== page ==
I was hoping to go with one of the new Amurs this year, but a long delay in access to their exhibits for the viewing public meant any great shots of them would be snapped too late for my publishing deadline, so it looked as if I’d be “tigerless” for one more year. But at the 11th Hour – while my friend, Lynda, and I were at the Zoo hoping to finally catch a glimpse of the huge cats – lightning struck.
Considering how infrequently I get down to see the grizzly bears – relative to all the rest of the animals in the Zoo – they are pretty well-represented among my favourite photos and “Calendar Animals.” When you toss in the polar and panda bears, I am fairly certain that I have more “calendar-worthy” shots of animals in the Ursidae family than any other.
I had a big advantage that day, because I had gone into work early and, therefore, was able to finish early. As a result, I spent a good chunk of the afternoon at the gorilla exhibit before most other people got home from work or school, saw the news about the baby, and made it out to the Zoo.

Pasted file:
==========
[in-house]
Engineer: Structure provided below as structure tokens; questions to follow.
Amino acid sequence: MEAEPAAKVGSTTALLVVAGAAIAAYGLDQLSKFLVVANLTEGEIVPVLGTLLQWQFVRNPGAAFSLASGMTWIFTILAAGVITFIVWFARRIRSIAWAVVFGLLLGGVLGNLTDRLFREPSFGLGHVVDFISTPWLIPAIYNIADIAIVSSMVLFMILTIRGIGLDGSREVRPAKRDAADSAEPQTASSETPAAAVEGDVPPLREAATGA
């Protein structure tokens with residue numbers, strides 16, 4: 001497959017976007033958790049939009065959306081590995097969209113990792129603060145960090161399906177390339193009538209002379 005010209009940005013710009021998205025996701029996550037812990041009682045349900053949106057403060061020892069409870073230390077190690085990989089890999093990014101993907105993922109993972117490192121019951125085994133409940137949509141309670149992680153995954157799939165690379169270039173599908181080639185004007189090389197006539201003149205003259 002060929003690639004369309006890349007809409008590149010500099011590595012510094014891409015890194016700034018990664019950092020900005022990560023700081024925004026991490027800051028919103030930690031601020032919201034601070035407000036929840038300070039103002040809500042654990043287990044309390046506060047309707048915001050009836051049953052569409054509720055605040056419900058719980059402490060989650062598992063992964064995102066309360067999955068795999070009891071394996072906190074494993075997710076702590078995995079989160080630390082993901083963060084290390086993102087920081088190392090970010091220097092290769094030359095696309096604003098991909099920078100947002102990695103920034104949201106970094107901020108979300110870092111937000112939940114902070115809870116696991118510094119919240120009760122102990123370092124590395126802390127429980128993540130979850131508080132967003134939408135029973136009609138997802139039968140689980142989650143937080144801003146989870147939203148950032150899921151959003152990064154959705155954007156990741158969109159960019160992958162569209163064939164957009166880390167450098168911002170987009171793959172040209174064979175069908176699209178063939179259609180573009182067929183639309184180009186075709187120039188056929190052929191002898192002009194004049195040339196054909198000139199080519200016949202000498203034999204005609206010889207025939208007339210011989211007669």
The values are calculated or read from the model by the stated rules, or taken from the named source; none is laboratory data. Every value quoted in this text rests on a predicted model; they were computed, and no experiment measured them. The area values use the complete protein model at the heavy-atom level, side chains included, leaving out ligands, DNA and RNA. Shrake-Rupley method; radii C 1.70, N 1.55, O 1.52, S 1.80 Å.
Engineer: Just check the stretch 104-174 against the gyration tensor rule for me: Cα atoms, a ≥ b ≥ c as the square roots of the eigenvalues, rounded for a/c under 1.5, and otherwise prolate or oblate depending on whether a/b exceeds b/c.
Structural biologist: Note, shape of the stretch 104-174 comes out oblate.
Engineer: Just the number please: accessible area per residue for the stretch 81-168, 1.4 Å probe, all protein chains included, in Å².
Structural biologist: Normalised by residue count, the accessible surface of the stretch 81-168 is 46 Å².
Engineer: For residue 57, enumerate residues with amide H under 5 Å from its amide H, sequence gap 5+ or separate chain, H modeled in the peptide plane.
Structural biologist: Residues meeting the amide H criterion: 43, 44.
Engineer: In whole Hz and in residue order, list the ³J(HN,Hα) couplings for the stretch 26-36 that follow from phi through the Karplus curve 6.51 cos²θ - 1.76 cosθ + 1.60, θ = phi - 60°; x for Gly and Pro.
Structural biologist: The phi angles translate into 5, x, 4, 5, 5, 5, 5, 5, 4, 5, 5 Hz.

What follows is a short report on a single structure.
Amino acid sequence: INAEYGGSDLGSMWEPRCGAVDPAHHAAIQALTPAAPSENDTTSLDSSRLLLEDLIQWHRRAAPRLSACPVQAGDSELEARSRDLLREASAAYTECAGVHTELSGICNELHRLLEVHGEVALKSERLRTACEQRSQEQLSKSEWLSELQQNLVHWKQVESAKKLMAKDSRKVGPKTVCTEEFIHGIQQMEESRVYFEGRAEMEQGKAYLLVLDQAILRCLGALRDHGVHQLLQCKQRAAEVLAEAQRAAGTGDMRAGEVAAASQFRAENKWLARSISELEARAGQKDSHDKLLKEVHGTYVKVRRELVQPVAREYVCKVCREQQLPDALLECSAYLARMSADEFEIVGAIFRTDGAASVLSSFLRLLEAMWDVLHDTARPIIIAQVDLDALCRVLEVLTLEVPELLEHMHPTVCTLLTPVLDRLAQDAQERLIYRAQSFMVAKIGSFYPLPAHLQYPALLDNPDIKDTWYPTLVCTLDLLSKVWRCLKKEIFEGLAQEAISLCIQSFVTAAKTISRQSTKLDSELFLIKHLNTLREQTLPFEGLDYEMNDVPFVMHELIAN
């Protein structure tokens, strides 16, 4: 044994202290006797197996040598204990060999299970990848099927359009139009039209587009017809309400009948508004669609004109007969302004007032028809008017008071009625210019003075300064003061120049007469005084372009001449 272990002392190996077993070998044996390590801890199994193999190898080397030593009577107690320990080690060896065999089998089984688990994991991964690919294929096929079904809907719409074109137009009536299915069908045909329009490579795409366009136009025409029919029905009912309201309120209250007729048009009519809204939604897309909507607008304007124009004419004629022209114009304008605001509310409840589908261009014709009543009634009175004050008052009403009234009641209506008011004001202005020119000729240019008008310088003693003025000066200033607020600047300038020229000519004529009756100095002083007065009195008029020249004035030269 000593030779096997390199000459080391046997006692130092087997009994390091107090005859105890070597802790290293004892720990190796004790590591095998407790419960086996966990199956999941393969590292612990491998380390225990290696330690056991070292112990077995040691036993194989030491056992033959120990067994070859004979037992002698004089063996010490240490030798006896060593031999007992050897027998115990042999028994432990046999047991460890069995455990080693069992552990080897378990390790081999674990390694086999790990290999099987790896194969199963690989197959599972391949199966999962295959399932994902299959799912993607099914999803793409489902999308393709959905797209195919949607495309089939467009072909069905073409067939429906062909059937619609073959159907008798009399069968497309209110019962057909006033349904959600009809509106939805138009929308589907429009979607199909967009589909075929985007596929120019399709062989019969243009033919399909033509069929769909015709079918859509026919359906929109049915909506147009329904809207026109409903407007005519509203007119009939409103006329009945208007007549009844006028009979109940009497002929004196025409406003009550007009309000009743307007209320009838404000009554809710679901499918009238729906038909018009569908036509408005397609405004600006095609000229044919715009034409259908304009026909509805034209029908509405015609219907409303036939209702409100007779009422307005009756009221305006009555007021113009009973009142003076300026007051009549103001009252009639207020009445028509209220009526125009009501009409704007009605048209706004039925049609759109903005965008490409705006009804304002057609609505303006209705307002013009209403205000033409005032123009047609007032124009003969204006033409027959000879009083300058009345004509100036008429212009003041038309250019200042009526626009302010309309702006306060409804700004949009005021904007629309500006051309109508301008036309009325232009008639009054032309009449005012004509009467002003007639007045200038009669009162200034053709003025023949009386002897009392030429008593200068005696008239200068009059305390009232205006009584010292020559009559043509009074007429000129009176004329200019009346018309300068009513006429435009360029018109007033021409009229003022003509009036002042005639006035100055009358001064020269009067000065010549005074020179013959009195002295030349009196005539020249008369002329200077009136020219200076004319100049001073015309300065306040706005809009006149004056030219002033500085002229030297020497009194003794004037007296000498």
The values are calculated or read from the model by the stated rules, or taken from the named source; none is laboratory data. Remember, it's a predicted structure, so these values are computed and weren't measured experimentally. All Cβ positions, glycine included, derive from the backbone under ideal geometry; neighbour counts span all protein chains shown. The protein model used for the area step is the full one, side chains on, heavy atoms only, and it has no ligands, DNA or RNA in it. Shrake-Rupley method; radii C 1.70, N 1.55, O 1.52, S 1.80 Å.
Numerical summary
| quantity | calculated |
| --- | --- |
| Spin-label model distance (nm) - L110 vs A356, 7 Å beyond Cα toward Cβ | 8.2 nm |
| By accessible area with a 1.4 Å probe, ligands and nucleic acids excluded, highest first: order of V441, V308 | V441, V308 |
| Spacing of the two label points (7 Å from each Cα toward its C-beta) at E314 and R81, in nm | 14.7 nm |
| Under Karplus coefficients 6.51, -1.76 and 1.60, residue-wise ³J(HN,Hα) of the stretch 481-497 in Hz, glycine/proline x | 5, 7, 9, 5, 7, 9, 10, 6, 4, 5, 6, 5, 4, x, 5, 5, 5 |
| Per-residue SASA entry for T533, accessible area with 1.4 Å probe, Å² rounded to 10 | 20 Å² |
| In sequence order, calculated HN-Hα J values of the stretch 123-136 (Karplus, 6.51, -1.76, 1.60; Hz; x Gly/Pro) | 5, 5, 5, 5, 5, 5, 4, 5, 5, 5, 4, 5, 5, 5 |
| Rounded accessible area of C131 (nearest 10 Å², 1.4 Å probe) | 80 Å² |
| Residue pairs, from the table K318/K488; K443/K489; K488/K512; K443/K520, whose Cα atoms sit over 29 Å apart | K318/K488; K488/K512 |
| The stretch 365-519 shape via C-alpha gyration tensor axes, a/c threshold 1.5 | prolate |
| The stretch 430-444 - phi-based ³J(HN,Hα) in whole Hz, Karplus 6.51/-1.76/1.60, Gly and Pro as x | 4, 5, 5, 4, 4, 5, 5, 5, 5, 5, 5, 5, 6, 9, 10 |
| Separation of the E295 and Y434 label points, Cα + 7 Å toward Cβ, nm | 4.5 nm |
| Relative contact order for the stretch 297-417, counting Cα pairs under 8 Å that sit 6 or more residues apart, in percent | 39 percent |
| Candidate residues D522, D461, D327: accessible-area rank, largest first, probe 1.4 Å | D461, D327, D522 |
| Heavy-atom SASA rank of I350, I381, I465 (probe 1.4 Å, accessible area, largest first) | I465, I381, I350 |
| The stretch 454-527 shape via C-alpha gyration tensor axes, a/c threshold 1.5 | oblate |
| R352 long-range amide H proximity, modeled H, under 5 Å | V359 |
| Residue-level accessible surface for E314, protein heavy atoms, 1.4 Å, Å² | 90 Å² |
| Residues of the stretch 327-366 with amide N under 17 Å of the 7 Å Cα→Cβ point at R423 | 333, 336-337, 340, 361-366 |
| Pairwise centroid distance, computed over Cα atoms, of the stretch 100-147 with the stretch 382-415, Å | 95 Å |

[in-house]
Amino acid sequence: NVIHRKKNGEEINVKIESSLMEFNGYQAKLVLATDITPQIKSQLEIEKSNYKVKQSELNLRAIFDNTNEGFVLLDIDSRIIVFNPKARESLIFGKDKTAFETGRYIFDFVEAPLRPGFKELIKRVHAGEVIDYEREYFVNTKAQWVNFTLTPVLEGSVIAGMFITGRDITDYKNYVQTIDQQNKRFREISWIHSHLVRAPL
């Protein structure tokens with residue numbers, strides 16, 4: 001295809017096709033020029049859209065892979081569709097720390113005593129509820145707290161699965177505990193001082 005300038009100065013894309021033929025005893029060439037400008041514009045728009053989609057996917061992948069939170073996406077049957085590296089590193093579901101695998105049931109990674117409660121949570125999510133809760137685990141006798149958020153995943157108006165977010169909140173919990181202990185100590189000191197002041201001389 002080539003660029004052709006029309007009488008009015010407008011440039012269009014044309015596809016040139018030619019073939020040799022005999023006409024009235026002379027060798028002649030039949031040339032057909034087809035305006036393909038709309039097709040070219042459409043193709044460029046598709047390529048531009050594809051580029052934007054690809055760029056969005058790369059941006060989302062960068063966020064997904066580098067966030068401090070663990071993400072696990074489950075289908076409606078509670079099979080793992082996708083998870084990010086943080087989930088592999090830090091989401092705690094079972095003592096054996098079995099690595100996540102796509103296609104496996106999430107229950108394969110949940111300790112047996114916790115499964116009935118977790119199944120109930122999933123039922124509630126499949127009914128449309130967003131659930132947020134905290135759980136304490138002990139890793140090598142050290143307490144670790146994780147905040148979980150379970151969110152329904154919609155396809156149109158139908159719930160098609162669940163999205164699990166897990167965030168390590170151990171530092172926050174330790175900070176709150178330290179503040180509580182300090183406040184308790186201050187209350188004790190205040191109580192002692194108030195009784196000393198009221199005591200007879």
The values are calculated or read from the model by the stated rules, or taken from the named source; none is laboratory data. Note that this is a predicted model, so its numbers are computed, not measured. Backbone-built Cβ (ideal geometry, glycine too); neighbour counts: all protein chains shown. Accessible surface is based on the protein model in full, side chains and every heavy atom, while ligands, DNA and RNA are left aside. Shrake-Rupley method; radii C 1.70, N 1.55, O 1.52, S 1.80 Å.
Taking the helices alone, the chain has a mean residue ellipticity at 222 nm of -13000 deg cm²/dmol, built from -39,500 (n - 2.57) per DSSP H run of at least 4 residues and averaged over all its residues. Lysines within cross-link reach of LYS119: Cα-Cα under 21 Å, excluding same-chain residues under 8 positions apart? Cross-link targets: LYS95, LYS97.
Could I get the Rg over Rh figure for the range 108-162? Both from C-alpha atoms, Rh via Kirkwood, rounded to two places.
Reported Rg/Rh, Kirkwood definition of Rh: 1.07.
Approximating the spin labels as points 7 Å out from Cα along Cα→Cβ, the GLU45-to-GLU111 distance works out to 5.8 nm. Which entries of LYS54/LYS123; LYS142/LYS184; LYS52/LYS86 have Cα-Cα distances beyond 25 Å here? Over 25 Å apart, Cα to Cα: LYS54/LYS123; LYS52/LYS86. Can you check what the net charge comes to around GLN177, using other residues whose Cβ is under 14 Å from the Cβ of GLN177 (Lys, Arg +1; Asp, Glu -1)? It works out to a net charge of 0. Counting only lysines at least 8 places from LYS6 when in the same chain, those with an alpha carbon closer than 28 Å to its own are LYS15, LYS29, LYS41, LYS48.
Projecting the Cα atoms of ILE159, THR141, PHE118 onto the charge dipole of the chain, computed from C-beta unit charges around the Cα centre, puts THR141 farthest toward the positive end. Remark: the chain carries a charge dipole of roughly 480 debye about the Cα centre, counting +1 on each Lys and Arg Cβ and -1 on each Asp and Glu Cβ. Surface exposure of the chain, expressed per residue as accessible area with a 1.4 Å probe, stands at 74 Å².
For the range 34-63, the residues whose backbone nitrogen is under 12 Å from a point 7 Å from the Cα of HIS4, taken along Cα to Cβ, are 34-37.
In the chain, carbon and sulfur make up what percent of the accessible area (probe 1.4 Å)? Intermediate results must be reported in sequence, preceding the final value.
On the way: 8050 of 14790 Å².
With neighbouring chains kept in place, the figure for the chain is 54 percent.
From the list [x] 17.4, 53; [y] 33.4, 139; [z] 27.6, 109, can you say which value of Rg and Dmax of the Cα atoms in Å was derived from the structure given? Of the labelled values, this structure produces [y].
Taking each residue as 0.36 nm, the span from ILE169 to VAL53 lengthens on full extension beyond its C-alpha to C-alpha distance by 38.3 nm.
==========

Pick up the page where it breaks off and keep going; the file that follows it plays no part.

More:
When the babes finally did reappear, they must have sensed that the hammer was about to fall, because they did not come completely out of the den a second time, preferring instead to watch the funny-looking creatures staring back at them for as long as they could. And they almost overstayed their welcomes, because…
Dora was an amazing first-time Mom. Six is quite a large litter for an Arctic wolf and there were times when she looked so impossibly thin I didn’t know how she was going to survive until the cubs weaned. But survive she did, and a good portion of that credit goes to her sister, Auntie Vera.
The best guess anyone has is that the cubs were born on May 10, judging from when Dora was last seen (May 6) and when she reappeared for some food (May 11). And while everyone headed for the clearly dug-out den at the northwest corner of the enclosure –a fence was set up to keep giddy visitors a little farther from the “den” – my first glimpse of the new Mama (pictured here at right) came in an entirely different area of the domain.
A quick word about that name, “white rhino.” There are five existing species of rhinoceros: greater one-horned (sometimes called “Indian”), Javan, Sumatran, African white, and African black. The white rhino is, of course, not “white” at all, as can easily be seen in this photo of Tom. The most popular theory of the etymology of this name is that it is derived from the Afrikaans word weit, which means “wide,” referring to this species’ broad muzzle.